When the prospect of large monetary settlements is on the table, no business sector is secure from plaintiffs' attorneys. In this pattern, there is a growing campaign by the plaintiffs' bar to target data privacy and security in the hopes of striking it rich in a new goldmine on the level of the asbestos litigation of the 1970s, 1980s, and 1990s. In fact, four plaintiffs' firms, or 1.5 percent of the 240 firms that filed data privacy complaints in the period between the third quarter of 2013 and the third quarter of 2014, accounted for over a third of the complaints filed. The plaintiffs' bar appears to be taking advantage of the unfortunate reality that data breaches are becoming more commonplace, privacy laws and regulations in the U.S. are in flux, federal and state regulators are hungry for a new privacy framework, and consumers and citizens are confused about what protections, if any, apply to their information. In doing so, plaintiffs' attorneys are undertaking to expand regulation of and legal exposures for businesses in this area and also are stretching old laws to address new situations involving privacy in unintended ways.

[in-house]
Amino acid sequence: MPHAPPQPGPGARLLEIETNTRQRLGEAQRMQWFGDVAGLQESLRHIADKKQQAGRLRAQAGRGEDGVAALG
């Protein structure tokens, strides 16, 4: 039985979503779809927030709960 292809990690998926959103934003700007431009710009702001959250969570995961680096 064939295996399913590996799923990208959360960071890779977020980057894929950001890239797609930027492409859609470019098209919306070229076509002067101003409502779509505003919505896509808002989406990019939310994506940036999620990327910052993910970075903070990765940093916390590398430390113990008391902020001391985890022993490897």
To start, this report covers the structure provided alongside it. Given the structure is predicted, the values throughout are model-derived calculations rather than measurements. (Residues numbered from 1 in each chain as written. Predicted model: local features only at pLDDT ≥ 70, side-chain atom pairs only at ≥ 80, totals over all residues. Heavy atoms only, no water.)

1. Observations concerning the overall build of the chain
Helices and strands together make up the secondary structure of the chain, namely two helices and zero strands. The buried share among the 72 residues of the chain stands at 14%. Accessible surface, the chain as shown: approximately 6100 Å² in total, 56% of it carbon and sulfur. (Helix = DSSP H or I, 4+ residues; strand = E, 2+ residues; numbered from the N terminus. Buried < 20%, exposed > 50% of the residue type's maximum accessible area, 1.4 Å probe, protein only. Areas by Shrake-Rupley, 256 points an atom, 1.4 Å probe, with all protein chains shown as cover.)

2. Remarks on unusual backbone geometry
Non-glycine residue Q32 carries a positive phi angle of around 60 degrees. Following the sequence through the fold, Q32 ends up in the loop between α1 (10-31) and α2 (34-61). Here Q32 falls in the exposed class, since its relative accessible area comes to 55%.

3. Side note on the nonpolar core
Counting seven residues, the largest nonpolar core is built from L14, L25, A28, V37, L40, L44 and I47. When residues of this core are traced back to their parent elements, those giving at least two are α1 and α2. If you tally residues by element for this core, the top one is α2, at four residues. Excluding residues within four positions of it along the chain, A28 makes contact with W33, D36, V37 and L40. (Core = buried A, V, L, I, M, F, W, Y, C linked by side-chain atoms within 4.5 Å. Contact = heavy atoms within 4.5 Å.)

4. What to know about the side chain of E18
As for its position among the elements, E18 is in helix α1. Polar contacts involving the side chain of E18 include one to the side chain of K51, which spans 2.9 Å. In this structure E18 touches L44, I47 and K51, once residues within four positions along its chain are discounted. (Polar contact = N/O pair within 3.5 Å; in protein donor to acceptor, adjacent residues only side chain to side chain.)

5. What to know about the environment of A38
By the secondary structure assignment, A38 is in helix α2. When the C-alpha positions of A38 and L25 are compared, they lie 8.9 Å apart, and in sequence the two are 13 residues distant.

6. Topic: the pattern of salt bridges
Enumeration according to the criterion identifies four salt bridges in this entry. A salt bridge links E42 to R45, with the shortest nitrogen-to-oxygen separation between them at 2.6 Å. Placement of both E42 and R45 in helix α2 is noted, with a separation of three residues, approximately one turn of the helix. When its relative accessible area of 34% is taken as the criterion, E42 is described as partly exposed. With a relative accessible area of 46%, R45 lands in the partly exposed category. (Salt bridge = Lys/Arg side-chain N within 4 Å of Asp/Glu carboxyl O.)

This newly released research addresses how the plaintiffs' bar is adapting to and taking advantage of the ever-changing data privacy and security legal landscape. It explores major privacy cases and settlements, showing how the plaintiffs' bar is targeting breaches and other privacy violations. It also profiles the major firms that bring a large proportion of the cases-including Edelson PC and Lieff Cabraser Heimann & Bernstein LLC-along with the tactics they are employing to create privacy cases and take aim at defendants, and the theories that they have been testing in the courts. This paper concludes with a suggested framework for reform.